Philip Johnson, who died in 2005, was a towering figure in American architecture, both sensing and establishing new directions and stylistic trends. This monograph covers the last decade of his professional life, as he and partner Alan Ritchie collaborated on projects of striking creativity and originality. Ritchie, born in England, worked with Johnson for over twenty years and continues as president of Philip Johnson/Alan Ritchie Architects.
This volume includes work built and unbuilt, large-scale and small, designed by the firm throughout the 1990s. Two important themes -- identified by Paul Goldberger in his perceptive introductory essay -- are evident throughout the office's oeuvre. An interest in sculptural form -- or the way in which sculptural form translates into architectural presence -- led Johnson and Ritchie to designs that involve both new kinds of shapes and new ways of using classical architectural form. Such sculptural works include Da Monsta, the new visitor's pavilion at Johnson's famed Glass House in New Canaan, Connecticut, and a spectacular folly consisting of four pyramids made of chain-link fencing at a private residence in upstate New York.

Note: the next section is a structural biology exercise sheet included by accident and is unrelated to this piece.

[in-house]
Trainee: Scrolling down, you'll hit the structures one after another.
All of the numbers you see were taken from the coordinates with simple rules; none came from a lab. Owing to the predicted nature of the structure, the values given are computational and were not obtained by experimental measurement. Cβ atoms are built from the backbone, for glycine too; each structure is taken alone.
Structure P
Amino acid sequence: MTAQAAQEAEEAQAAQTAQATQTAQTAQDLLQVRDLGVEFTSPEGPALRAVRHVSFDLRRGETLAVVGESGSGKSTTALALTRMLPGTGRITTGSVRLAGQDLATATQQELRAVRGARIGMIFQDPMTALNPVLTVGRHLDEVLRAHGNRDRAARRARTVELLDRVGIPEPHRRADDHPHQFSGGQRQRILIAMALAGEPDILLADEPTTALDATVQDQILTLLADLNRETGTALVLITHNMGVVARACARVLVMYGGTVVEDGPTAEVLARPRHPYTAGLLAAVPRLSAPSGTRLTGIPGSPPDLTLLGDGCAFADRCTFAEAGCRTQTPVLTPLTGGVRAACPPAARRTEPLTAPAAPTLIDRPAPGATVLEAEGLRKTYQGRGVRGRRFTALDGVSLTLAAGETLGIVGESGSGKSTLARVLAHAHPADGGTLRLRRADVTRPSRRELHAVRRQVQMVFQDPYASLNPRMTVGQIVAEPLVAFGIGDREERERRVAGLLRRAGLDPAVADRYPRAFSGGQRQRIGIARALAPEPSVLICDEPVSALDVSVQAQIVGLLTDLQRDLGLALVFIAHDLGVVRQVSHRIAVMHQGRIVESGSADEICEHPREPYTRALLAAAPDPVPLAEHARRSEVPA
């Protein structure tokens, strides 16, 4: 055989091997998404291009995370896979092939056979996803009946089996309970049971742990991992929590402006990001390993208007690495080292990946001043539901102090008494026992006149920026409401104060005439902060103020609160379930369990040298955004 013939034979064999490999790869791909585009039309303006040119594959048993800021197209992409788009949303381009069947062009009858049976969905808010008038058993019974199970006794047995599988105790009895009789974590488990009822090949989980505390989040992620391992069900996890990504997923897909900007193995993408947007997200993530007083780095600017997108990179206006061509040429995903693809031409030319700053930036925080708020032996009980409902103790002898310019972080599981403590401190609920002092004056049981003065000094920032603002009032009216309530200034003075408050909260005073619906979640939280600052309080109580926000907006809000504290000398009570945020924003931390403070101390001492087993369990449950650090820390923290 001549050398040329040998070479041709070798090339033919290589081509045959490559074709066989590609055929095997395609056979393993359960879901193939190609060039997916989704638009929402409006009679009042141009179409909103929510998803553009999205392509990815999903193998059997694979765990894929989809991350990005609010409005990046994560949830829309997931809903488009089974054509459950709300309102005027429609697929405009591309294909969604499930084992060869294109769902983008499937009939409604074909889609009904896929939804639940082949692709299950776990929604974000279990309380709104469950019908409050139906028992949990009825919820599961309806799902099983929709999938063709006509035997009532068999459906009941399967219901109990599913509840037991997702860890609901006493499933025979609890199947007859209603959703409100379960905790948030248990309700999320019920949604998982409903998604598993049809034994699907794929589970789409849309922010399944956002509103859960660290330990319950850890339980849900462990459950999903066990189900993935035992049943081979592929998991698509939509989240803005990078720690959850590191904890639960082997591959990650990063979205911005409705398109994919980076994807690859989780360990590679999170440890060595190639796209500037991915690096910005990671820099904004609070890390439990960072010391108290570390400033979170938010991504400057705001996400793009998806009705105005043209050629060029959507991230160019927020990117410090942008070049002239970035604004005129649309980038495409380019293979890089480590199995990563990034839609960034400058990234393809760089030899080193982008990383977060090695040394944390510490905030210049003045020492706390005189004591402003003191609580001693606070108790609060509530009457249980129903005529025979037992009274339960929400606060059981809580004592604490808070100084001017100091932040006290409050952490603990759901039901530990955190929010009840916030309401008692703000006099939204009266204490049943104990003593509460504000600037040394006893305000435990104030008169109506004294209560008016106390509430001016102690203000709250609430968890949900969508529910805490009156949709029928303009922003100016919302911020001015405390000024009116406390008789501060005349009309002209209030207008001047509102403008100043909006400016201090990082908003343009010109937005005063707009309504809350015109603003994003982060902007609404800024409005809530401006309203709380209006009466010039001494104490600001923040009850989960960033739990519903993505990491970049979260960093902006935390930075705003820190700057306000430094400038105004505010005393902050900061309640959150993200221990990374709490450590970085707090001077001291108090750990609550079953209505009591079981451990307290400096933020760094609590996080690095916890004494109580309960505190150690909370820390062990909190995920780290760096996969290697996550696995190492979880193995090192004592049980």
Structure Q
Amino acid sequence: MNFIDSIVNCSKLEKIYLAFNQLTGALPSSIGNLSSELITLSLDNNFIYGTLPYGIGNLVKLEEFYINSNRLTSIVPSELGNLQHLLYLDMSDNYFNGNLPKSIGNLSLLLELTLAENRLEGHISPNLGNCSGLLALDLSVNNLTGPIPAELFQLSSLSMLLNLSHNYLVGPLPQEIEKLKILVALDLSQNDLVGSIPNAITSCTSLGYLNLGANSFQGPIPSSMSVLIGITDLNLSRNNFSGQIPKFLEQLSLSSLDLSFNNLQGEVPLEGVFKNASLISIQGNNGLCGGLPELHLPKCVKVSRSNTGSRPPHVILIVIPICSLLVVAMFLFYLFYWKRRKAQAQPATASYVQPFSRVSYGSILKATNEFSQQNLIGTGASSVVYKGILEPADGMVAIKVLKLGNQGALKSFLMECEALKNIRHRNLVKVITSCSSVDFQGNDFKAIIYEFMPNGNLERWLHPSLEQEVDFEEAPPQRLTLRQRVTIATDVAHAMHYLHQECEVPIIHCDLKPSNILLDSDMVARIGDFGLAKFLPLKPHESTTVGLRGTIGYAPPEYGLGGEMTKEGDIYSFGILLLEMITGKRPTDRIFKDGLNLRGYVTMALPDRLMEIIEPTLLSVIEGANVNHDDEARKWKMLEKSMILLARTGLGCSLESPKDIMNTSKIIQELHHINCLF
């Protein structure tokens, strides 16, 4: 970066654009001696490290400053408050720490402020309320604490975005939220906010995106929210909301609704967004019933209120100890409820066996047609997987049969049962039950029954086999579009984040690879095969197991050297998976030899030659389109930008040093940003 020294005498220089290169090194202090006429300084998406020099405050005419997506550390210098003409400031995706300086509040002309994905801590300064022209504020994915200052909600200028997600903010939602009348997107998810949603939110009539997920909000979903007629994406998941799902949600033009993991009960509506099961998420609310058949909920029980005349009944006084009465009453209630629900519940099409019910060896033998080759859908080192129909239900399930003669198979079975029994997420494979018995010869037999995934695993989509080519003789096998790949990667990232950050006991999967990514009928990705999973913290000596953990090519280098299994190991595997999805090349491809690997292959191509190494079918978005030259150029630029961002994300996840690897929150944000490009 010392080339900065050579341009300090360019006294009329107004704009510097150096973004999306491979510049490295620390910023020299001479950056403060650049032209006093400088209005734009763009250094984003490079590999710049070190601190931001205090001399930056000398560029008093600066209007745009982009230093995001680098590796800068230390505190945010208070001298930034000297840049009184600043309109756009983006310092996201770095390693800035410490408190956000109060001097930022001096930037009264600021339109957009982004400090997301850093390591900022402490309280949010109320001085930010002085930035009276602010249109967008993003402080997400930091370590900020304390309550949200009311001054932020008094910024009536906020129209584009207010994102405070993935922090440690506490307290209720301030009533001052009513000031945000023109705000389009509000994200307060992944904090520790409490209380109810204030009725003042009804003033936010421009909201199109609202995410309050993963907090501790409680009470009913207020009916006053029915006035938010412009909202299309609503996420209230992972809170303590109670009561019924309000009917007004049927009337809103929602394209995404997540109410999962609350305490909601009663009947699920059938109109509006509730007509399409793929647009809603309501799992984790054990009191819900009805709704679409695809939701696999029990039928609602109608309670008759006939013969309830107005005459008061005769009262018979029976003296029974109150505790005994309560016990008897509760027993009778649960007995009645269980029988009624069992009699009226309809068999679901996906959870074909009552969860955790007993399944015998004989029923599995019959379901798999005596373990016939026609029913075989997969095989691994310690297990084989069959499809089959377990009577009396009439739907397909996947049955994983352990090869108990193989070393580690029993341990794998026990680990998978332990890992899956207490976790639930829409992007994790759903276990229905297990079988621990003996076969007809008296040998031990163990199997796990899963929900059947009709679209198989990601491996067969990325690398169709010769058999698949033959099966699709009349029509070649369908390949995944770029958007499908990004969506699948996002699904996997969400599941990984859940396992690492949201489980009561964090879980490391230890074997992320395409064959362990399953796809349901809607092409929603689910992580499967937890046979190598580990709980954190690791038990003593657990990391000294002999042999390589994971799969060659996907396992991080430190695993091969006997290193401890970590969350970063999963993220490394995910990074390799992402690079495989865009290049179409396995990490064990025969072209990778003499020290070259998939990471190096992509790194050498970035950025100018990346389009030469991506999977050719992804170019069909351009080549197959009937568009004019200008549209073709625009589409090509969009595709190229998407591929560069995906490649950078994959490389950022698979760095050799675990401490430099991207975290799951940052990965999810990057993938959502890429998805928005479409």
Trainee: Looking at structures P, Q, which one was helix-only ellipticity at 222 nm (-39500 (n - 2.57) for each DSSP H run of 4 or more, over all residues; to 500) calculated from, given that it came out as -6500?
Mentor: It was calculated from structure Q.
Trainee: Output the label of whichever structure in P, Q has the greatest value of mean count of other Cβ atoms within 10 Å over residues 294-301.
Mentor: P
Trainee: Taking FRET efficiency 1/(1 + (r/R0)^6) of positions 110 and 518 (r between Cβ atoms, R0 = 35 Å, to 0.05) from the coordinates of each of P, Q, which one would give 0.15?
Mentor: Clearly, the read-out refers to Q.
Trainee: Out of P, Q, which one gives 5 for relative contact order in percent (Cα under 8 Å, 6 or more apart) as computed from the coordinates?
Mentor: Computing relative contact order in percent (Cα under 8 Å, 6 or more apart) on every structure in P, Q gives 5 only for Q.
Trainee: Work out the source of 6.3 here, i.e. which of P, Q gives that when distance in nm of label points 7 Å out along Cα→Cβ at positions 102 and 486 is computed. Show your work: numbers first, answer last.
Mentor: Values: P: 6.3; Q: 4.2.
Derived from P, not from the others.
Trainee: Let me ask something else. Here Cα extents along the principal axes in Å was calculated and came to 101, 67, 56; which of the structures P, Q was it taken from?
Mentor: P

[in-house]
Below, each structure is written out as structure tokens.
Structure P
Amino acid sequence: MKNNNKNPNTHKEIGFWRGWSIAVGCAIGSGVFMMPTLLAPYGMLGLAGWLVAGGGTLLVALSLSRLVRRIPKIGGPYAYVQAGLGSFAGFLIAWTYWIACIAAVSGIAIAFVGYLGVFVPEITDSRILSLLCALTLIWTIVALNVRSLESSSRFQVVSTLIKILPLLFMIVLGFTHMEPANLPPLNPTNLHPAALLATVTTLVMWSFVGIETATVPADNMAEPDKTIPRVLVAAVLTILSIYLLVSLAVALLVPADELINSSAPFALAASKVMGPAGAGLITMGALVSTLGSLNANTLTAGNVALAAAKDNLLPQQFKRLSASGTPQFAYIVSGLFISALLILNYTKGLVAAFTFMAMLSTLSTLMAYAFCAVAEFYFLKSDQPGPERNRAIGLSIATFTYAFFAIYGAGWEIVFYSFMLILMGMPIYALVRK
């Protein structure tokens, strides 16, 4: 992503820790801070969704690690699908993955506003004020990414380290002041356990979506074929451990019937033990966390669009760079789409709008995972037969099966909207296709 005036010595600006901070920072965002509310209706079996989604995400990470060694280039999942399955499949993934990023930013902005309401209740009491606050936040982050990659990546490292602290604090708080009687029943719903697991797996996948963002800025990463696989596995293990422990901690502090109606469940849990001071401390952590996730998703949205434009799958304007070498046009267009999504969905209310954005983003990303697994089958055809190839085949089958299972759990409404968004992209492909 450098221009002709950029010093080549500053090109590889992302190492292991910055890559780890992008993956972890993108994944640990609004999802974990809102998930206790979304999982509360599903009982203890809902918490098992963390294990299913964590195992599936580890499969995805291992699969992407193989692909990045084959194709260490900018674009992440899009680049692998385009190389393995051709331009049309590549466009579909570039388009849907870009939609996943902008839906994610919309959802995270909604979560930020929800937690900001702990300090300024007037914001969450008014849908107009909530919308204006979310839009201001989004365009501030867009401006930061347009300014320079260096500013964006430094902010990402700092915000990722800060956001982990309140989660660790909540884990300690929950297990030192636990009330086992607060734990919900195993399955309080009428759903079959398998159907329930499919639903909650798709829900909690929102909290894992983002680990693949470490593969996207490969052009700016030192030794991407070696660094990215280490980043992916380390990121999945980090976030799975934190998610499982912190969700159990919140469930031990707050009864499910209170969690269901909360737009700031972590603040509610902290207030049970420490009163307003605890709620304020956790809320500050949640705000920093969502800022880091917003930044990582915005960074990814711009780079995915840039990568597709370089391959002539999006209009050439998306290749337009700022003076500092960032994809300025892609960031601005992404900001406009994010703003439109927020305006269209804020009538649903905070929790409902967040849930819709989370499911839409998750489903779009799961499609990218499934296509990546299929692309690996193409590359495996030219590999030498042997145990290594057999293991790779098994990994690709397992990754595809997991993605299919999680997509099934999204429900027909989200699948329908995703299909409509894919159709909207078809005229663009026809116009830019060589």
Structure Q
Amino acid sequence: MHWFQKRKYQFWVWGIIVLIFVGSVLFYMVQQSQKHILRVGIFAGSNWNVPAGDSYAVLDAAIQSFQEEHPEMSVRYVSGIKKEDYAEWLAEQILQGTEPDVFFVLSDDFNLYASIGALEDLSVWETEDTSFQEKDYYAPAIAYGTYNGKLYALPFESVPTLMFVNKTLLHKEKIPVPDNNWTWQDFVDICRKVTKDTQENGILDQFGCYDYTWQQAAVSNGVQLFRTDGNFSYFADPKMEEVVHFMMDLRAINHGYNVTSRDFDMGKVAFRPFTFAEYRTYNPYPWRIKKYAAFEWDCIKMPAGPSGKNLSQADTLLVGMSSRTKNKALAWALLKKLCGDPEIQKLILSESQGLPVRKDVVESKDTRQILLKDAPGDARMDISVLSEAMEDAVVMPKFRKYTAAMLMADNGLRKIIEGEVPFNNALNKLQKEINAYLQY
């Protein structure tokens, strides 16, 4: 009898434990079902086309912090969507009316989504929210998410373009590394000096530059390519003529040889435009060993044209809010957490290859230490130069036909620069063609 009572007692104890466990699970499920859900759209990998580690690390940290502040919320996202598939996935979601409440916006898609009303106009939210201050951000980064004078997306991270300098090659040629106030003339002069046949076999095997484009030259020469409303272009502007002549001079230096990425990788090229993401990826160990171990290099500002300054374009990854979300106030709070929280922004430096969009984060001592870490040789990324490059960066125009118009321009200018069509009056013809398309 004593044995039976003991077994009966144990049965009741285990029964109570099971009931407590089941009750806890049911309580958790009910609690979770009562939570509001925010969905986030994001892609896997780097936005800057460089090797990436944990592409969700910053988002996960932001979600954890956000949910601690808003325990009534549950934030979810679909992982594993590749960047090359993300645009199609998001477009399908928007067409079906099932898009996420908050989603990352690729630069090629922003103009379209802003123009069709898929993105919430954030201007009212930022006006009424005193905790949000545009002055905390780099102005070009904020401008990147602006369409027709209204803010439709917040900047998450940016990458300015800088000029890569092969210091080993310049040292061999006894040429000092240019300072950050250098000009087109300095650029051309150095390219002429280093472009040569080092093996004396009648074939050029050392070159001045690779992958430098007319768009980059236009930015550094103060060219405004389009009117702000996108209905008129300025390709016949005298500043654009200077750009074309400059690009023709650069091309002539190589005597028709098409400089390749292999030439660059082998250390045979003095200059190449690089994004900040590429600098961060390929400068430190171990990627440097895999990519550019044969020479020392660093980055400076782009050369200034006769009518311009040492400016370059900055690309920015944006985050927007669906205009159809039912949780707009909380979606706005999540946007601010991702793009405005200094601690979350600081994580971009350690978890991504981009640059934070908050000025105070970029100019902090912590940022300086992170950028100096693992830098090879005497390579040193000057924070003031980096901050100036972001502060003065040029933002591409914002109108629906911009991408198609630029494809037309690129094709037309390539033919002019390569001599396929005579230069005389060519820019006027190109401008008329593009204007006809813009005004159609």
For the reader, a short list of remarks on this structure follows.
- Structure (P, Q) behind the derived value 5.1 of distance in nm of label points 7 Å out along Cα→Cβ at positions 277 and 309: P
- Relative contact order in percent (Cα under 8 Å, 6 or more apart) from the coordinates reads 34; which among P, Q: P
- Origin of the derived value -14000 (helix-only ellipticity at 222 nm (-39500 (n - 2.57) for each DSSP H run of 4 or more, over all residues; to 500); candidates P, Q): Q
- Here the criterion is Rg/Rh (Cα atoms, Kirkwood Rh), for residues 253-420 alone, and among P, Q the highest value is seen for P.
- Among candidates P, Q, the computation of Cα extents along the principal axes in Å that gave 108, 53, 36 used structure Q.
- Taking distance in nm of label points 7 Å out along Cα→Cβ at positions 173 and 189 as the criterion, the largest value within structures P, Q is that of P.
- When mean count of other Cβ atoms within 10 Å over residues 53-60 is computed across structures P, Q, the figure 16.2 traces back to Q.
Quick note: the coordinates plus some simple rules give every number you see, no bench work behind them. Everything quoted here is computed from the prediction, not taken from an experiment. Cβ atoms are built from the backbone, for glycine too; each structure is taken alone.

Simultaneously, the firm has continued to design larger projects, for which it has been well known since the 1980s. A twenty-seven-story apartment tower for Hudson Square in lower Manhattan, the Cathedral of Hope in Dallas, and an addition to the Amon Carter Museum (originally designed by Johnson in 1961) in Fort Worth show Johnson and Ritchie's skillful commingling of the modernist and the classicist, the contextual and the unique.
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